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Could Muslims do more against terrorists? Watch

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    (Original post by champ_mc99)
    How do they not say it's forbidden? If God tells me not to kill someone, then I can't do it right?

    You're right they don't say whether that person has left Islam or not but like I was saying, going against the commands of God show whether you are a good Muslim or not. Whether you are "submissive" to God or not.

    5:33 -- It doesn't say kill the people who disbelieve. If the disbeliever causes mischief, then he should be killed: "`Wage war' mentioned here means, oppose and contradict, and it includes disbelief, blocking roads and spreading fear in the fairways. Mischief in the land refers to various types of evil." - This is from Ibn Kathir. Also, from what I can see the verse says, "those who wage war against Allah and His Messenger and do mischief in the land"; hence, the use of "and" instead of "or" tells us the people who disbelieve need to tick certain boxes (commit crime) in order to be punished. Otherwise, there would be no non-Muslims coming to visit Makkah at the time it was taken over by Islam, Muslims and Non-Muslims would not be living side by side under the ruling of the Ottomon Empire etc.

    When I mentioned the UK, I meant there is a punishment for treason (regardless of whether it is by death or not). I was applying the same logic to this ayah. Going against the Islamic state is a form of treason.
    I'm not sure what you think you're arguing against because you're in fact agreeing with me. My initial claim was that a Muslim who kills doesn't stop being a Muslim. I also did not say that there aren't Quranic verses proclaiming that murder is a bad thing, there are. But there are also verses justifying and encouraging murder, the text is contradictory and conflicting like virtually all holy scriptures. You are now saying that murder is justified in certain circumstances, ergo you are justifying murder, which just proves my point that the Quran does have verses that encourage it.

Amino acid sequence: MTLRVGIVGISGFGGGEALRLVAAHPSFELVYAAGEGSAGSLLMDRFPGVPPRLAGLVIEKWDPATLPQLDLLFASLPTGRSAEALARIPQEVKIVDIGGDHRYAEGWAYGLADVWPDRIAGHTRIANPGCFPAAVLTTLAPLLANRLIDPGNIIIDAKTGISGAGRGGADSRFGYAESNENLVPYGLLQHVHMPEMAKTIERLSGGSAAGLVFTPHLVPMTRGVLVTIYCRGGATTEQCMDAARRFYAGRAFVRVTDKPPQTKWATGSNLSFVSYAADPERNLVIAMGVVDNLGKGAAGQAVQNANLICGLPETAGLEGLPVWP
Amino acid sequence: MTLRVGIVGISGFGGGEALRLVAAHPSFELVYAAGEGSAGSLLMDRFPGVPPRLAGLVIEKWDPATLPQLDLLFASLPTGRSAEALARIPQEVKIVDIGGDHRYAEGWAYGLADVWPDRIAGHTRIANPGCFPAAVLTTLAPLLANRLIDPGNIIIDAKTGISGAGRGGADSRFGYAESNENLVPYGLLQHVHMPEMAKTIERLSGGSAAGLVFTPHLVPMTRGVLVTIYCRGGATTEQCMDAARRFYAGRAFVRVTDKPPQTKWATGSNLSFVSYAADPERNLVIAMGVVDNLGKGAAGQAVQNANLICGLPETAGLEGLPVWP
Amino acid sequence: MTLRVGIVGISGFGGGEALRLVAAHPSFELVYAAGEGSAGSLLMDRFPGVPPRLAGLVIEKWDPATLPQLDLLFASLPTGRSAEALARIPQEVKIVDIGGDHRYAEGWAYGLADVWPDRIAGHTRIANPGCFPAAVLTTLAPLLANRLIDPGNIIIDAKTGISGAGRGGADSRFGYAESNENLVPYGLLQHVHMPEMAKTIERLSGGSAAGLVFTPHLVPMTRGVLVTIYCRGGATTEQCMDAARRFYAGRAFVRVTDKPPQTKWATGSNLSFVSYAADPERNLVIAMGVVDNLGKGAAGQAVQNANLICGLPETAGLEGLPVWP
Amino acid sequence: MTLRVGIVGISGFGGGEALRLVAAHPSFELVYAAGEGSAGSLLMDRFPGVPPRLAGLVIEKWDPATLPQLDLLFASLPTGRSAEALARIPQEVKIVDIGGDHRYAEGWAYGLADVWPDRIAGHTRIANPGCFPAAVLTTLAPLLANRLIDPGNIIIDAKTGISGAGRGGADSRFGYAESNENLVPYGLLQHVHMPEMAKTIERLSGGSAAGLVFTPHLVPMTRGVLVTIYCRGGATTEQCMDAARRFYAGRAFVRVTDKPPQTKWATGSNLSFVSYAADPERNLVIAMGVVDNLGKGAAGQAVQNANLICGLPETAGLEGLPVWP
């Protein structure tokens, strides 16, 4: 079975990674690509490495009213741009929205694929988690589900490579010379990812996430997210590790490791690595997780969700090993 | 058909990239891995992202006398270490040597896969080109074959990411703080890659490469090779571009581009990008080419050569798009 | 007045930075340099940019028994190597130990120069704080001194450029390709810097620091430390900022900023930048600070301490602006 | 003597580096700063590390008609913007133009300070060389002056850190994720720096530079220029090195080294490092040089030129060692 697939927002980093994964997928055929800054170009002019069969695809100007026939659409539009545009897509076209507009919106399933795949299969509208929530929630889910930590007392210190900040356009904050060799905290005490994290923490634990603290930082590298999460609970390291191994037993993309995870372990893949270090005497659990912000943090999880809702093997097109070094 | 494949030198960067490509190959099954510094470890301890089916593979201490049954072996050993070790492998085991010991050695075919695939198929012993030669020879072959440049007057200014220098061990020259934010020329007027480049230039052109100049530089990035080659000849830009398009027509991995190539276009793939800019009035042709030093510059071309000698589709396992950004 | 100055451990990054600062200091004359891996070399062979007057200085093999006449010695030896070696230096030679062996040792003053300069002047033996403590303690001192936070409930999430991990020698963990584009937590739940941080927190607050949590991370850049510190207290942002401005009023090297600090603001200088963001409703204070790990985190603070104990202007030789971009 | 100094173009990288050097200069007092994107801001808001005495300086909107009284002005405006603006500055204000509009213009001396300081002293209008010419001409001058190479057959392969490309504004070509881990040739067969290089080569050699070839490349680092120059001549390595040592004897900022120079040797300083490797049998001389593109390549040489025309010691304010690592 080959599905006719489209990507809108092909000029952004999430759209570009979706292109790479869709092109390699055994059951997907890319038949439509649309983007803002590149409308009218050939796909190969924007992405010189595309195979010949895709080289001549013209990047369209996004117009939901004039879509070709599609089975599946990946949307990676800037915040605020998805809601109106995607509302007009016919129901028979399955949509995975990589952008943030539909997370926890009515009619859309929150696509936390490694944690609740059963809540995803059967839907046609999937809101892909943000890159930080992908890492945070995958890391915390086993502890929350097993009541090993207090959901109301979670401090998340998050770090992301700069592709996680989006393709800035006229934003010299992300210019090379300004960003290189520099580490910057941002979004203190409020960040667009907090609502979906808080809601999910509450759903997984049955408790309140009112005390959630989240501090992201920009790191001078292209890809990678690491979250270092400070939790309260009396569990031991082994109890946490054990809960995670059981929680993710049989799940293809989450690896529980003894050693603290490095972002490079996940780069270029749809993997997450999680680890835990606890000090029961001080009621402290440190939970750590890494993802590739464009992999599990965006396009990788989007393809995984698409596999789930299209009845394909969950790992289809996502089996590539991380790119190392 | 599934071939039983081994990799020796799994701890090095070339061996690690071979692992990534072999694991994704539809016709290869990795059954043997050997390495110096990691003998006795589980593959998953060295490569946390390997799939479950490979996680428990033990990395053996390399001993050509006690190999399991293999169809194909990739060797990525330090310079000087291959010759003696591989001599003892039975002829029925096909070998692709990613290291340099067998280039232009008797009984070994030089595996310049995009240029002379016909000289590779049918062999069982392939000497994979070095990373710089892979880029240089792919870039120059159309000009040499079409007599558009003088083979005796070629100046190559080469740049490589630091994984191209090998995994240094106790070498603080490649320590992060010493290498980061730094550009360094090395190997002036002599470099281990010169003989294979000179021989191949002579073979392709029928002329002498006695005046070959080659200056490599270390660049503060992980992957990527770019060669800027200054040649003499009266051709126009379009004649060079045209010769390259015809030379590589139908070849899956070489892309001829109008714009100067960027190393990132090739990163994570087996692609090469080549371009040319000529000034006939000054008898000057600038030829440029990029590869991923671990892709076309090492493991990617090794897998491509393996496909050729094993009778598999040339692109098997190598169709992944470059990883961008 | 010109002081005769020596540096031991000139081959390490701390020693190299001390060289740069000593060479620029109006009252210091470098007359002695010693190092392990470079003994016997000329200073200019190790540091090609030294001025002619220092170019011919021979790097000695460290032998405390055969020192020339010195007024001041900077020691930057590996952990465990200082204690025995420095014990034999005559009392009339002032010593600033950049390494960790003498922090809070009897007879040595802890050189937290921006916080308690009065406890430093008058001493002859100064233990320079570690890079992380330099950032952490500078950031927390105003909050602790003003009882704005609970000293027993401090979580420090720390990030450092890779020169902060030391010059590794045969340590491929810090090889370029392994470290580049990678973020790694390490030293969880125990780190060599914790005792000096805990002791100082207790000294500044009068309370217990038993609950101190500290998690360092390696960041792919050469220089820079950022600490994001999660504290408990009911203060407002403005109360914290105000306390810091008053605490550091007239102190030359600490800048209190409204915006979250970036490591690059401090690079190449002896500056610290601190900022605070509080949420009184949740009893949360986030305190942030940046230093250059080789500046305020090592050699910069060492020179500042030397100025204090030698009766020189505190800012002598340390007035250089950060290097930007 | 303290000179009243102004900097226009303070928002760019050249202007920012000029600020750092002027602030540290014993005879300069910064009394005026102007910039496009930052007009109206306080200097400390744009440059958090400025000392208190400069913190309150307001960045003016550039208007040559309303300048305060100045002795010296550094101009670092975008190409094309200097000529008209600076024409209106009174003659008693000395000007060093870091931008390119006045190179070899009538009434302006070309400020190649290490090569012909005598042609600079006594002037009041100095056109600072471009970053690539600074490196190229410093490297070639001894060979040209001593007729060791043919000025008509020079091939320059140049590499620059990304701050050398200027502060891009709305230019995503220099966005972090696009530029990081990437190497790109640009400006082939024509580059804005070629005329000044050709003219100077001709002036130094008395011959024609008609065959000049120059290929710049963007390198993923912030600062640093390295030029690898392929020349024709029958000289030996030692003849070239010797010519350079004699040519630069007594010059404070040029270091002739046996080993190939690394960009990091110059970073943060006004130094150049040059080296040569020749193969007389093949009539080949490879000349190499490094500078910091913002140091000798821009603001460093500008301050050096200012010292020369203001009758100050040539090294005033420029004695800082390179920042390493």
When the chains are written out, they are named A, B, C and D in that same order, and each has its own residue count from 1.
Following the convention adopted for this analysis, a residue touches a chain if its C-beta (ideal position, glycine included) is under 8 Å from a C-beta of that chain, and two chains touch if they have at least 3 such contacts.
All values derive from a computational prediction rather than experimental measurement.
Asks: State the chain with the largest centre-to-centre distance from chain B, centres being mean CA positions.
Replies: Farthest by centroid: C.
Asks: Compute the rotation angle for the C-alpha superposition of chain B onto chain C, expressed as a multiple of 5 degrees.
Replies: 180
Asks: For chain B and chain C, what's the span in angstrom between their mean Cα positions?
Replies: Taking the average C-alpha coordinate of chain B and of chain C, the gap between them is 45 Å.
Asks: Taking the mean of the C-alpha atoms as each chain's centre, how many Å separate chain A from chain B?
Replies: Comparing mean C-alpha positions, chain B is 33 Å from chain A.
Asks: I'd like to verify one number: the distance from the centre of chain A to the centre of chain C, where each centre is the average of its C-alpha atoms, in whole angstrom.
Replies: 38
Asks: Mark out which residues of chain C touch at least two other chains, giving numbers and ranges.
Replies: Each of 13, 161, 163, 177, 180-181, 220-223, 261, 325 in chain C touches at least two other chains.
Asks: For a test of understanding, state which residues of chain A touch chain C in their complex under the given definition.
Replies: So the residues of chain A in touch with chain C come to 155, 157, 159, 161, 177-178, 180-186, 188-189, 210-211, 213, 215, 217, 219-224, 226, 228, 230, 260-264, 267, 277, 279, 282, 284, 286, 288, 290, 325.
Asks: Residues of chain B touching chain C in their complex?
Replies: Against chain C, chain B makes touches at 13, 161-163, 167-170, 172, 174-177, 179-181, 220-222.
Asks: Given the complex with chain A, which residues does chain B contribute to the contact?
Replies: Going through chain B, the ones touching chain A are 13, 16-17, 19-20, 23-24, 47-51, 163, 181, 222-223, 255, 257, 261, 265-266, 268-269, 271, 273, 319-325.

Also, I don't agree with your interpretation as it appears you are taking it far too literally. Waging war in itself means causing corruption and problems, there's nothing to truly indicate that you need an exact combination of the two to be punished and I think you're reading too much into the word "and" which probably is not actually making that requirement.

    But if you're hung up on this word then you can read a bit further on in the same tafsir:

    This Ayah does not save a Muslim from punishment if he kills, causes mischief in the land or wages war against Allah and His Messenger and then joins rank with the disbelievers, before the Muslims are able to catch him.

    Very clearly indicating that punishment is meted out to anyone who does any of these things, not necessarily all of them.
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    (Original post by FluffyCherry)
    Firstly let me remind you that Islam, is a religion of mercy & does not permit terrorism!!